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New Grad Nurse: Help on Job Offer Dilemma


Hi everyone,

I got two job offers and need some advice of what to pick for a new grad nurse job. This will be my first nursing job!

Job # 1 is to work as a clinical abstractor for 6 months as a temporary position to help integrate a new EMR system for a big city well-known hospital. It is a 9-5 office job in front of a computer, no clinical skills, just analyzing data and inputting it from an old EMR system to the new one. No guarantee of a nurse position after 6 month assignment. Potential to meet nurse managers from the units I have interest and go from there. This is a big city well known hospital with level 1 trauma center. I am encouraged to apply as an internal candidate during my 6 months and go from there.

Job #2 is a local nursing home. Looking to hire new grad nurse and has 6 week orientation plus class days to learn about the nursing aspect. (2-3 days). It is for the 11-7 shift and must sign 2 year contract to work there. Whether i work full or part time; I must complete 2,080 hours/1 year. So if I work less than 40, contract is longer. Penalty of leaving in first year is $3,000. Lots of hands on clinic experience and I would learn the basics of nursing.

My long term goal is to one day work as an ED nurse, critical care, or pediatrics critical care and maybe eventually nurse practitioner.

What would you choose as a new grad and why? Thank you for anyone who responds! ;)

CT Pixie, BSN, RN

Has 10 years experience.

The one thing that jumped out at me was ---> Penalty of leaving in first year is $3,000.

I will not sign my life away to any employer for anything. My former employer would have paid a good portion of my LPN to RN schooling. The catch, they 'owned' me for 2 or 3 years, if I left I had to pay it all back. i was not willing to be caught in a postion I had to stay in because I couldn't afford to pay that amount back. Things change, things happen..while I loved working there, there was always the possibility something could change, go wrong etc. I'm sooo glad I didn't take their tuition assistane. Guess what, things changed..for the worse. And i couldn't get out of the place fast enough.

Think long and hard before signing away a year (or $3000) of your life.

Honestly, I don't think I'd want either..unless I was desperate for a job. If that were the case I'd go with job #1. You have a foot in the door of the hospital. You have a better chance of landing a positon as an internal applicant than a new grad who doesn't work for the facility.

CrunchRN, ADN, RN

Specializes in Clinical Research, Outpt Women's Health. Has 25 years experience.

I would do #1 and network my rear end off.


Specializes in School Nursing, Telemetry. Has 2 years experience.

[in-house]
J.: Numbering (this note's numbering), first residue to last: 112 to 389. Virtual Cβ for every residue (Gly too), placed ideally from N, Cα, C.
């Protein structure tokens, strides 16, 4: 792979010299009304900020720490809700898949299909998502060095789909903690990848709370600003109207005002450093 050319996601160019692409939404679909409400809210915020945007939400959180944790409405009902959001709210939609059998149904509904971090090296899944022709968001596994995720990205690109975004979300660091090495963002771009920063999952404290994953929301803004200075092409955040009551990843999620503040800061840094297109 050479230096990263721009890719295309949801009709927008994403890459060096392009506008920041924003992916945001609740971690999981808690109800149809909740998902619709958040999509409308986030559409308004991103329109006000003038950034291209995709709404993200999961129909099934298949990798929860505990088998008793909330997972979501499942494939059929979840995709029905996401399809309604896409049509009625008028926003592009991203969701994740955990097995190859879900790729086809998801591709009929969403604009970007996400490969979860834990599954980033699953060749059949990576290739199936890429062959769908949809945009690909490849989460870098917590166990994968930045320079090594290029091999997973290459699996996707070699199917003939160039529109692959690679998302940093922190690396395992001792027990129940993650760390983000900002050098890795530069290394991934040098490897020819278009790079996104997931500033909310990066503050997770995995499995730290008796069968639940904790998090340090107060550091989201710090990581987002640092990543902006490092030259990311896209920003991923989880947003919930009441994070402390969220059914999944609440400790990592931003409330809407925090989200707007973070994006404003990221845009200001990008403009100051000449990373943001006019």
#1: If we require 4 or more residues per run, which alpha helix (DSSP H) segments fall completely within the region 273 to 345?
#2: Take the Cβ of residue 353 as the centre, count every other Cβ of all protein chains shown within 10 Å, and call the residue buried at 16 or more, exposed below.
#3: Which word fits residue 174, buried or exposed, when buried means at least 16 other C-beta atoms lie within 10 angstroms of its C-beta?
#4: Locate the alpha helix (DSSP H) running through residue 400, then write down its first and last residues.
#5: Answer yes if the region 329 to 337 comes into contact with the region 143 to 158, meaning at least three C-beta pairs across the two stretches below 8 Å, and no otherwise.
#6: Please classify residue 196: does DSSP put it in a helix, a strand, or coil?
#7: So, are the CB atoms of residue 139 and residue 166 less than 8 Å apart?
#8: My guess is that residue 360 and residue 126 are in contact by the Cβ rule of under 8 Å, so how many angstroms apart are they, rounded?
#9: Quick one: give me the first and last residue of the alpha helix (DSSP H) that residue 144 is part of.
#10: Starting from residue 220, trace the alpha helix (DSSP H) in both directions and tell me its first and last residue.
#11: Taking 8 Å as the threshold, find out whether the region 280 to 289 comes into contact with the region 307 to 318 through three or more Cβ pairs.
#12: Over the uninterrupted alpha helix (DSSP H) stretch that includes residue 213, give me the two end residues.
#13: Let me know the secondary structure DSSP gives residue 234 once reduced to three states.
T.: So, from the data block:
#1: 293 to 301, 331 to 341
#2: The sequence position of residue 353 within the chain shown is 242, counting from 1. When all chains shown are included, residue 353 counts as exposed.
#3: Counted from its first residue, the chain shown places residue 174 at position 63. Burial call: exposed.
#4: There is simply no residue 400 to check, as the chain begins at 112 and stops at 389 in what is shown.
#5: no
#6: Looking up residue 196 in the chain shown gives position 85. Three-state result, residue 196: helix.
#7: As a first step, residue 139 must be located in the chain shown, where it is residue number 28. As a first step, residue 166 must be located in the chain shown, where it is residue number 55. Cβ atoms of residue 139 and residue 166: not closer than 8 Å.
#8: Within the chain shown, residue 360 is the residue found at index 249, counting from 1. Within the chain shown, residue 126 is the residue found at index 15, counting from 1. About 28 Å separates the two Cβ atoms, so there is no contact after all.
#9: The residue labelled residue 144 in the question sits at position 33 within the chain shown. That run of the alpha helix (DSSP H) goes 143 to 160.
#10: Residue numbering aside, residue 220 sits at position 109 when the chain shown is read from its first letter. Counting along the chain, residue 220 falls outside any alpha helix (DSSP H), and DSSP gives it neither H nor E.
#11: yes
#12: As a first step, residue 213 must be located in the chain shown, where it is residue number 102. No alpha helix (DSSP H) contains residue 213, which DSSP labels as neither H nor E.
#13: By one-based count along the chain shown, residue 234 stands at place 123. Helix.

I'd be nervous about signing a contract that penalized me for leaving . . . understandable that they encourage people to stay because of all the training and time they put into getting you up to speed, but I'd hate to have that hanging over my head. When I accepted my RN intern job, we all signed what was referred to as an informal contract to stay for 2 years and it was made clear to us that it was the ethical thing to do to stay after getting 12 weeks of training on various units/classes/etc. and then getting hired on to units as full-time, but they did state that we were not legally bound to honor this.

I would take the first job and network while there. You will become a familiar face, you will know the EMR system inside and out, and it is probably very likely you will get something at the hospital.

eggyweggy, MSN, RN

Has 7 years experience.

Job #1. Hands down. You can continue to apply for other positions during that six month period and you'll have a much better chance at a job in that system as an internal candidate. If you take the nursing home job, you're stuck there for two years or out of an awful lot of money if something better comes along. The fact that a nursing home makes you sign a contract with no tangible benefits for you (like tuition reimbursement or school loan payoff or sign-on bonus) is a big red flag, IMO. Plus, nursing home work is HARD. If you burn out six months in, you're stuck. And they probably don't pay well enough that you'd be able to easily come up with a $3000 payment for the privilege of quitting without some serious financial hardship.


Specializes in public health. Has 5 years experience.

Job#1. You need to get your foot in the door. You have more opportunity to advance and move around within the hospital system.